16. Okay, before my head explodes: "ebonics" is an outdated, politically-charged (because it's almost always used in a derogatory way) term. Linguistically, the dialect that is being referred to is called either African-American Vernacular English (AAVE) or Black English (BE). It is a linguistically-valid dialect. It's distinct from standard English, obviously, but it has its own grammar and structure. It isn't an "inferior" type of English, just a different one. And, yes, there are social penalties for using it, because standard English is the dialect spoken by people with power, but it's not something bad or scary or wrong.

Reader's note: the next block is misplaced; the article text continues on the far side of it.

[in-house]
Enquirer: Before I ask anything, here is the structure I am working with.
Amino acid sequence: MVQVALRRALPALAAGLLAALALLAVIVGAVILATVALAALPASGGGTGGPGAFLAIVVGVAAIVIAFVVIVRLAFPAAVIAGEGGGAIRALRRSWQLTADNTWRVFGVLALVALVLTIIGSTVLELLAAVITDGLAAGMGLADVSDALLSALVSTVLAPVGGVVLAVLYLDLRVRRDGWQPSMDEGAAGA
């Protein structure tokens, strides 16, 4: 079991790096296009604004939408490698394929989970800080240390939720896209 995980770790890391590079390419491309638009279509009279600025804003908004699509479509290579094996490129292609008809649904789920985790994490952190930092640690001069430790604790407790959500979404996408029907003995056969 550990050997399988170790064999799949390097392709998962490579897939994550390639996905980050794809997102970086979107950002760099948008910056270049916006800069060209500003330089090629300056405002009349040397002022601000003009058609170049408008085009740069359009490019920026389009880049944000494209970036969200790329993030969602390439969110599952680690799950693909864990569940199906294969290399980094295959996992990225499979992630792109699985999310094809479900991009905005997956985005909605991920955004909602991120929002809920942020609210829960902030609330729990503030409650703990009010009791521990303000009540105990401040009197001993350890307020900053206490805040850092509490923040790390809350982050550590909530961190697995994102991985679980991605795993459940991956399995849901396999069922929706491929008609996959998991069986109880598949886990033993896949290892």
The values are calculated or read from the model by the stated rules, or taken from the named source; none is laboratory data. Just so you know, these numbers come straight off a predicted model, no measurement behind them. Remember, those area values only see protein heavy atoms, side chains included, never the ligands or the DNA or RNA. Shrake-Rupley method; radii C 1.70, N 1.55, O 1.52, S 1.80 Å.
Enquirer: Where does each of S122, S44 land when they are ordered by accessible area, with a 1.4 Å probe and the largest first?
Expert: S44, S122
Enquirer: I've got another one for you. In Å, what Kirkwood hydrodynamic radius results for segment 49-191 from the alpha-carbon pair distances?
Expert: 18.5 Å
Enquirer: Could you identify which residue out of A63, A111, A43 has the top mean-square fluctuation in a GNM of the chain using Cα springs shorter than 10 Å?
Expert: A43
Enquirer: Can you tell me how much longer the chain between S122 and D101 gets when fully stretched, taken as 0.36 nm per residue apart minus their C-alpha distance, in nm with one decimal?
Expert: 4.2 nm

17. Yeah, I don't really think of myself as homeschooling because I'm in an inner city. I'm here, and I'm homeschooling, but quite honestly I'd be just as if not more likely to homeschool my kids in the suburbs, because there's so much materialism and focus on appearance and pressure to conform there that I also wouldn't consider to make for a great educational environment. I do want to say that I LOVE living in Detroit, and I love homeschooling here. I love my neighborhood and my neighbors. I love the city. I can't imagine a place I'd rather raise my kids. They know people of all races, religions, and cultures. They are grateful for what they have, because we have so much more than so many people they know. They don't take stuff for granted. They have access to museums and libraries and lectures and all sorts of great stuff. They live in a place where people are committed to making a better community, and don't just come home from work, go into their homes, and don't bother to interact with other people. I think homeschooling in an urban environment is awesome. Honestly, I can't imagine how isolated I'd feel in the kind of surburban environment that I grew up in, where everything seemed to revolve around the public schools. Here, people educate their kids in all different ways--public school, charter school, private school, homeschool--and it's just not all that defining. We were out trick-or-treating last night with friends, and I homeschool, one has all their kids in private school, one has both her kids in public school, and another has one in private and two at home. And that's okay. While I would love to meet other people homeschooling in my neighborhood, just because I love homeschooling in the city and would love other people to share that experience with, I don't really feel a huge need to seek out support for homeschooling, because people are so supportive of a variety of schooling choices here. Anyway, I see homeschooling my children in a city as a huge privilege and a great blessing for our family. It's not something I do out of fear or out of a desire to keep my kids away from "undesirable" others, but because 1) I can provide a better education, academically, than the public schools here can and 2) the city provides such a rich, wonderful environment full of all kinds of learning experiences that homeschooling is so much fun. I'm just very saddened by many of the sentiments being expressed here. I really can't imagine a better--and more Christian--context to raise my children in than an inner-city. There are so many opportunities to address need, so many chances to interact with people who are different from you, and so many ways to serve people. I really think it can be looked at as a gift.